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How to get Canada's oil to export markets?

Admiral Beez

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#1
This week Canada's oil exports to the USA reached their highest levels ever, http://business.financialpost.com/n...ver-as-shale-production-falls?__lsa=dc58-a433

However, it's becoming increasingly clear that the USA will become Canada's largest competitor, not customer for North American oil exports. And thus, we must have other customers for the oil. With BC refusing pipelines from Alberta, and now Quebec mayors trying to stop pipelines to New Brunswick, how can we export the oil? Railways seem a poor alternative to pipelines, IMO.

Here are the current pipelines, AIUI.



One option that seems reasonable to me is a pipeline (or rail) to Churchill, Manitoba, and then ice-strengthened tankers take it to global markets.



Of course we have to agree that Canada wants to be an oil exporter, wants to manage the environmental and land ownership concerns, spills, foreign ownership, etc. I imagine this thread will quickly be threadjacked into a discussion of why we shouldn't as opposed to how we can get our oil to market.

It's a big asset of the Canadian economy, and represents 11% of known global oil reserves.

 

Admiral Beez

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#5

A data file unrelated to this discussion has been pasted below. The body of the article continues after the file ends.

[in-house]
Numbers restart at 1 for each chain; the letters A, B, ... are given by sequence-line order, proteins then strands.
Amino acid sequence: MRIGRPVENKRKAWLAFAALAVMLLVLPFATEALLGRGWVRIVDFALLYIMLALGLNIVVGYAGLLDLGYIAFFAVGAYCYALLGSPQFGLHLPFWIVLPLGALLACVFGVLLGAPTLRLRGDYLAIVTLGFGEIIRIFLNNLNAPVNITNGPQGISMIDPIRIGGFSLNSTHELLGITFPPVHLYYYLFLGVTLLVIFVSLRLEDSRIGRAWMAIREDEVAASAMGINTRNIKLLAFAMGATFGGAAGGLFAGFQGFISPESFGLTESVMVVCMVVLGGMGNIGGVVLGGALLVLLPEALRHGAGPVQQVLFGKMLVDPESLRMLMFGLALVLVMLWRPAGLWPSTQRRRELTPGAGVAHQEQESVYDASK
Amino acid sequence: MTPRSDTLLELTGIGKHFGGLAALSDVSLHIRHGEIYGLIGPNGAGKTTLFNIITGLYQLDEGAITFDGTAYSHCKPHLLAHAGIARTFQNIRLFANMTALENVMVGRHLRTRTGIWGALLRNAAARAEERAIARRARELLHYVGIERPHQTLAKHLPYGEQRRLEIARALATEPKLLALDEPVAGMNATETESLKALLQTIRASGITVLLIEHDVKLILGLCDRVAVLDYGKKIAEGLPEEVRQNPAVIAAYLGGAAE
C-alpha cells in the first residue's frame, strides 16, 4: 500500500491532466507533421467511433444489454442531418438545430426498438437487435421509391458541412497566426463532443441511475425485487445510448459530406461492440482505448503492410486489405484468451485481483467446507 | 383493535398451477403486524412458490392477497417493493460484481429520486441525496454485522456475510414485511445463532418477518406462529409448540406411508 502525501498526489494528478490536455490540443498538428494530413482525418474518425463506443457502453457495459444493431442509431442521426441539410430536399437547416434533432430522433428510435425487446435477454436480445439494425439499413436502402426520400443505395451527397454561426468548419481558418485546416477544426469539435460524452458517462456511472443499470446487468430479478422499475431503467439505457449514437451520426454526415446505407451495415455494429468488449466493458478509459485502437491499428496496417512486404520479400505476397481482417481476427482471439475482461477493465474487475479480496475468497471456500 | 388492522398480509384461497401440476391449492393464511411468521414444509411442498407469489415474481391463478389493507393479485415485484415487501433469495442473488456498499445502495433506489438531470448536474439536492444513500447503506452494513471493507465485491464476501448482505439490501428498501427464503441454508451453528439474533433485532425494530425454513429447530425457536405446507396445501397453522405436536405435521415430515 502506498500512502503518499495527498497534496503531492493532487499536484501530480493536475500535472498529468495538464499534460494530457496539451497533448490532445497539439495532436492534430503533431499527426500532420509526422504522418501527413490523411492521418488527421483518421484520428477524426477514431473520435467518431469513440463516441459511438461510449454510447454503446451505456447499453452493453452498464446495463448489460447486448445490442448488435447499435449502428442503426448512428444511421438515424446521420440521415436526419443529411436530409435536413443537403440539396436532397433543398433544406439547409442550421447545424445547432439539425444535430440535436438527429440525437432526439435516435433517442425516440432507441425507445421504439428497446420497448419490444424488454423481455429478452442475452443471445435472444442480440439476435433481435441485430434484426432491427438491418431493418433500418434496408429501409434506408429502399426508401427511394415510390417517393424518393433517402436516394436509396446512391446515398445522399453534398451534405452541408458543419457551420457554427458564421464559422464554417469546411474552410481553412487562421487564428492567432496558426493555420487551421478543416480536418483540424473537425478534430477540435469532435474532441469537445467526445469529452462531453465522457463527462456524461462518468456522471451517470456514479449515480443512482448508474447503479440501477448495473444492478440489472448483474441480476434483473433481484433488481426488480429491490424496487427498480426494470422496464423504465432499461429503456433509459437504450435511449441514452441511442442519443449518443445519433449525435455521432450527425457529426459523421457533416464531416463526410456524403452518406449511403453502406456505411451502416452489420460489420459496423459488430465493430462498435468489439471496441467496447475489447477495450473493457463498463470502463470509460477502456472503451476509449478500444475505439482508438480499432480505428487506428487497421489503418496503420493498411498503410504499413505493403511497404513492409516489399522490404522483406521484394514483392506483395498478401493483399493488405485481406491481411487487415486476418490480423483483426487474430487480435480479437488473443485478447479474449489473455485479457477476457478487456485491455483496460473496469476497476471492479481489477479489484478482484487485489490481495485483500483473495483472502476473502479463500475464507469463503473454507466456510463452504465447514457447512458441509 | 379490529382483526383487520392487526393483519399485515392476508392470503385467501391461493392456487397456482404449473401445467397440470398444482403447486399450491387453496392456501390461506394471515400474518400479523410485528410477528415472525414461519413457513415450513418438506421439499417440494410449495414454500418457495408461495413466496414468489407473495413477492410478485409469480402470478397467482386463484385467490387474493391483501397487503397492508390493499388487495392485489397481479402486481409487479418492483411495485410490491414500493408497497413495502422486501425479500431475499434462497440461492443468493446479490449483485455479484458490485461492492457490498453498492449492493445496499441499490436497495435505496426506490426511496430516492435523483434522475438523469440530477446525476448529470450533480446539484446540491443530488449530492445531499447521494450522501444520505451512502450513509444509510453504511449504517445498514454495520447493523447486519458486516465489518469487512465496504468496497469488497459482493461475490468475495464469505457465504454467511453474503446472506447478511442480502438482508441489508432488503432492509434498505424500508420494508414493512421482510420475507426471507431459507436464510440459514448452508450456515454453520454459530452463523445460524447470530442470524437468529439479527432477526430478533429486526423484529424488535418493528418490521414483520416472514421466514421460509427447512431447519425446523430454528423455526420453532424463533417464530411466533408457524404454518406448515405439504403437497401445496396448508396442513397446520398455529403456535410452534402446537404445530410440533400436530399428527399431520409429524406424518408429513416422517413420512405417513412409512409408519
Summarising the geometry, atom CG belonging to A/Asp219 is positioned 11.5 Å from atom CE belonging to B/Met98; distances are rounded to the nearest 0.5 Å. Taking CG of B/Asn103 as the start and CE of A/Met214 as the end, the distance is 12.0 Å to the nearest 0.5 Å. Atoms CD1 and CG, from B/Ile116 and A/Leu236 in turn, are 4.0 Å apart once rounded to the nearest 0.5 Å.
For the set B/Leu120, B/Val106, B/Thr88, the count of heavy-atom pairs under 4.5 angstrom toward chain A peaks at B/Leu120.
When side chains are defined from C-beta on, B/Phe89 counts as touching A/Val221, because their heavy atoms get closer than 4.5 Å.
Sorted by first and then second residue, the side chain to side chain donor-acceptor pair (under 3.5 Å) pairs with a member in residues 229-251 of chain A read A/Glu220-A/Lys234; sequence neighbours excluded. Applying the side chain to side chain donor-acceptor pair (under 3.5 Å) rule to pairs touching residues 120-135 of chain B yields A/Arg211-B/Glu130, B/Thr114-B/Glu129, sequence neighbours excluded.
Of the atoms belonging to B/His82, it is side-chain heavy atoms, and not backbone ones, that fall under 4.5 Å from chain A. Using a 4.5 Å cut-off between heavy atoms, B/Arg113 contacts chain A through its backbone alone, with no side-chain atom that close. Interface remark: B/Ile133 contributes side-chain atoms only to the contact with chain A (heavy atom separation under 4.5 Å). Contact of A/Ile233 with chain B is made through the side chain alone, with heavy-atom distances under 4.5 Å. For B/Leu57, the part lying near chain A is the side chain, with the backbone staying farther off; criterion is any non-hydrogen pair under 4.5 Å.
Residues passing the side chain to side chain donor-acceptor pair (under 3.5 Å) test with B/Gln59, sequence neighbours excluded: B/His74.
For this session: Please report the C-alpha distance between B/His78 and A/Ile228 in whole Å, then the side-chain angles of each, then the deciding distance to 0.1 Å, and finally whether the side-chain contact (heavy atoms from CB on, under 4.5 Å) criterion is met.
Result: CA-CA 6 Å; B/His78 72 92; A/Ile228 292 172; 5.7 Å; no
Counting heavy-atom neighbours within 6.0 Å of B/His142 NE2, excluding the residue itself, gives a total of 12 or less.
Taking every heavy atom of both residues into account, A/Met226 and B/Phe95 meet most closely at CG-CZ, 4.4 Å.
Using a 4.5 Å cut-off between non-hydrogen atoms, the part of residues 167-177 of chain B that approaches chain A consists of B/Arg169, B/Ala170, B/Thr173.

I'm all for leaving the tar in the tar sands and not moving it anywhere.
Then we'd better find something else to drive the Alberta economy, and something else for all the economic migrants from Atlantic Canada and Quebec to do for a living. However, there's a predicted global shortfall and price spike coming, apparently, so I don't think we'll need to deal with those questions. Now's the time to be buying Canadian oil stocks.
 

Admiral Beez

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#6
When I started this thread I’d never had thought we’d have a NDP premier of Alberta acting as champion of the oil sands, willing to kneecap the BC wine industry and cut off automotive gas to BC in defence of her province's economy. I wish our premier was like Notley, if she were we’d have Trudeau on the ropes to demand our share of federal funding.
 

pman

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#7
I'm all for leaving the tar in the tar sands and not moving it anywhere.
I think a lot of Canadians share your sentiment. Of course, nobody seems to want to leave the dollars in Alberta, so it’s a mystery to me how the money pipeline to the rest of the country is supposed to continue operating if we virtue signal the province’s economic future out of existence.
 

MTown

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#8
I think a lot of Canadians share your sentiment. Of course, nobody seems to want to leave the dollars in Alberta, so it’s a mystery to me how the money pipeline to the rest of the country is supposed to continue operating if we virtue signal the province’s economic future out of existence.
Adapt your economy. Edmonton is already on the up as a centre for AI research. Future, meet past. Relying heavily on the extraction (not even refinement and value addition) of a single resource is, to put it simply, stupid. It's as if I at my job concentrated on doing a very specific type of work. Yeah, I'd have work here and there but it wouldn't be reliable and I'd be selling myself short given that my talents are a lot more expansive than that. A diverse economy is a healthy economy.